fax, facis, f., torch
ferio, ferire, strike, hit
foeditas, -atis, f., filthiness
foramen, inis, n., aperture
fulgeo, fulgere, fulsi, gleam, shine
fulmen, fulminis, n., lightning
fundo, fundere, fudi, fusus, pour
genus, eris, n., here:way or manner
gladius, -I, m., sword; murder, death
haphe, es, f. (greek), wrestling sand
ictus, -us, m., blow
illic, in that place
includo, includere, inclusi, inclusum, confine
incogitatus, -a, -um, without thought
incommodus, -a, -um, uncomfortable
inepte, inappositely, unappropriately
inexpugnabilis, -e, unable to be overcome
inhorresco, horrescere, horrui, begin to bristle
iniussus, -a, -um, unbidden
insolitus, -a, -um, unusual
inspectio, -onis, f., sight, examination
invenio, invenire, inveni, inventus, find
ius, iuris, n., law; right; authority
laboro (1), struggle
laedo, laedere, laesi, laesum, strike
latus, -a, -um,wide, broad; widespread
linquo, linqere, liqui, leave; linqui animo: faint
lutus, i, m., mud
lux, lucis, f., light
mons, montis, m., mountain
mortiferus, a, um, deadly
mutatio, -onis, change, alteration
nedum, adv., much less, not to speak of, to say nothing of
noxius, a, us, harmful
opprimo, opprimere, ippressi, oppressus, press down, overwhelm,
perdo, dere, didi, ditus, lose
perfero, perferre, pertuli, perlatus, endure
permaneo, permanere, permansi, permansus, last, persist, endure
perpetior, peti, pessus, endure
perturbatio, -onis, f., disturbance
pondus, ponderis, n.,weight, mass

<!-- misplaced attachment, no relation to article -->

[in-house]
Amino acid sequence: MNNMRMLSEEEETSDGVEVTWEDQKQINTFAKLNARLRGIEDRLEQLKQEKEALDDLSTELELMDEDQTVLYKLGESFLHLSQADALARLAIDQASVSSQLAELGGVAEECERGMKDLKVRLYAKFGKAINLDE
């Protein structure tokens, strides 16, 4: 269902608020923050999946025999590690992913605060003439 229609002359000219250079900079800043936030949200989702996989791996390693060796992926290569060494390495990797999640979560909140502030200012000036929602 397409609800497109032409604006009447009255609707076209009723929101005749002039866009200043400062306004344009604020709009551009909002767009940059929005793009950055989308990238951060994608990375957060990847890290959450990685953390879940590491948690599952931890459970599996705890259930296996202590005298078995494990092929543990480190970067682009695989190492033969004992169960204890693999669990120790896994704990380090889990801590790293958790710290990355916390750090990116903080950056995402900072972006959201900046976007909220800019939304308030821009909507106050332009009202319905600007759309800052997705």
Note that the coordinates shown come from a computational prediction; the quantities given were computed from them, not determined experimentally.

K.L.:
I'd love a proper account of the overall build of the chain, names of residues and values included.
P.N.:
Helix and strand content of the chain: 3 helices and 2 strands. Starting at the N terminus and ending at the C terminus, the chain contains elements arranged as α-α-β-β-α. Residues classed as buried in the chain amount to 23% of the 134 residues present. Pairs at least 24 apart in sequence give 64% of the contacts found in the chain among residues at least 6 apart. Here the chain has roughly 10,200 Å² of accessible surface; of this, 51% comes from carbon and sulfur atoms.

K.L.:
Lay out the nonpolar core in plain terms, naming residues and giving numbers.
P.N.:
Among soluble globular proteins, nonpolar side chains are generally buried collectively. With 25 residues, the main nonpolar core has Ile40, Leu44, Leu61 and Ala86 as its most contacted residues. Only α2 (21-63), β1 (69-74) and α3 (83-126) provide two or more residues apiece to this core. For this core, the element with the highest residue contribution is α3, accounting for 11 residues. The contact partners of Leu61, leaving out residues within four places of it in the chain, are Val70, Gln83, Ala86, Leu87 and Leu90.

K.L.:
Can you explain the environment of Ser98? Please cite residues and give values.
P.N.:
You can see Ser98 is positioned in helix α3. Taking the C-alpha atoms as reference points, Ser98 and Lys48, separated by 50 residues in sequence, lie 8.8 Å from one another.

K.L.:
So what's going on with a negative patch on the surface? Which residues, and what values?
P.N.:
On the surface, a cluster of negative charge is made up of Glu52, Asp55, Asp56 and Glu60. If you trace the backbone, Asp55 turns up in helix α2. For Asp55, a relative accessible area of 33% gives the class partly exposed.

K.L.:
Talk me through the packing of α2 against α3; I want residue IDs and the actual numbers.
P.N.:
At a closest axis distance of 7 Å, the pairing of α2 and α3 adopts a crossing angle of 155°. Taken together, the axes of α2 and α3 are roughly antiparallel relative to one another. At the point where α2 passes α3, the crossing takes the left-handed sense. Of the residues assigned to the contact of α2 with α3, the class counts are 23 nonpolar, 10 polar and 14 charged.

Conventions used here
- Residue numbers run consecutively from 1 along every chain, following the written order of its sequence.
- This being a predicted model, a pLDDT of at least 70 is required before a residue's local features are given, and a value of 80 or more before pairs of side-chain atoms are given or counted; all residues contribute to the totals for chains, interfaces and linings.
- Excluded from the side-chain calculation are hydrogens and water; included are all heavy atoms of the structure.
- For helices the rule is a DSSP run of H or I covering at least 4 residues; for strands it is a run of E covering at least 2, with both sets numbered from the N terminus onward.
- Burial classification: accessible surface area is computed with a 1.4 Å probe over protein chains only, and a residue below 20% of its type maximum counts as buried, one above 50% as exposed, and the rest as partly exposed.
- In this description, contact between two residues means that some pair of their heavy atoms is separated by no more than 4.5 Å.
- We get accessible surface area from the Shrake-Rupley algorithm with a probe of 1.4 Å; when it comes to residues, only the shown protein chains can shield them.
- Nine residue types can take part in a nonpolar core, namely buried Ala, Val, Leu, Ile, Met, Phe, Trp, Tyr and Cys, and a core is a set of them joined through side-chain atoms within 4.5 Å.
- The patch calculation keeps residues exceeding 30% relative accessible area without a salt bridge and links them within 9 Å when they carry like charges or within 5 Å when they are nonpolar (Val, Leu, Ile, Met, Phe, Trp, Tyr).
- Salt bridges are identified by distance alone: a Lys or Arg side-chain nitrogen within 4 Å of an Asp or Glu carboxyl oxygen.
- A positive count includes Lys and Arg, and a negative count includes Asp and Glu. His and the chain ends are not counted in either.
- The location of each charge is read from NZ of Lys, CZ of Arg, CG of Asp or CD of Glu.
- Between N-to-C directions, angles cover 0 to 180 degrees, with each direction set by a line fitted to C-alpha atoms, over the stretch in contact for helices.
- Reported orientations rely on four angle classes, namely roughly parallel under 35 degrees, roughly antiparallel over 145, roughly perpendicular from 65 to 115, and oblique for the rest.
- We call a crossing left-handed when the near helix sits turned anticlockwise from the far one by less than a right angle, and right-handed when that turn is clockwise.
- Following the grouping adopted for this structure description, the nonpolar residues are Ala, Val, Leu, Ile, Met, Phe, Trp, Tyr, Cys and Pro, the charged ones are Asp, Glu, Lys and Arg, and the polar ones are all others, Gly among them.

praesto, stare, steti, status, accomplish, perform
protero, proterere, protrivi, protritus, crush, rub out
pulvis, eris, m., dust
purulens, entis, festering
quemadmodus, in the way that
re(c)cido, (c)cidere, (c)cidi, casurus, fall back
reddo, reddere, reddidi, redditus, return, give back
redeo, redire, redivi, reditus, go back, return
refundo, refundere, refudi, refusus, flow back
repeto, repetere, repetivi, repetitus, return to, head back to
ruina, -ae, f., tumbling down, collapse; disaster, catastrophe
ruo, ruere, rui, rutus, hurl down
rursus, again, back
sanguis, sanguinis, m., blood
scindo, scindere, scidi, scissus, cut
spargo, spargere, sparsi, sparsus, scatter
spiramentus, i, n., breathing hole
subtilitas, -atis, f., extenuation, rarefaction
succido, succidere, succidi, collapse
superstes, stitis, surviving
tenebrae, tenebrarus, f. pl., darkness
timor, timoris, m., fer, dread
tractatio, -onis, f., handling
urgeo, urgere, ursi,prod on
uterque, utraque, utrumque,each (of two), both
verber, verberis, n., blow
vetus, veteris,old, aged
vigilarius, i, n., watch tower
volvo, volvere, volvi, volutus, turn or twist around
vulnus, vulneris, n., wound
vultus, us, m., facial expression
voluto (1), keep revolving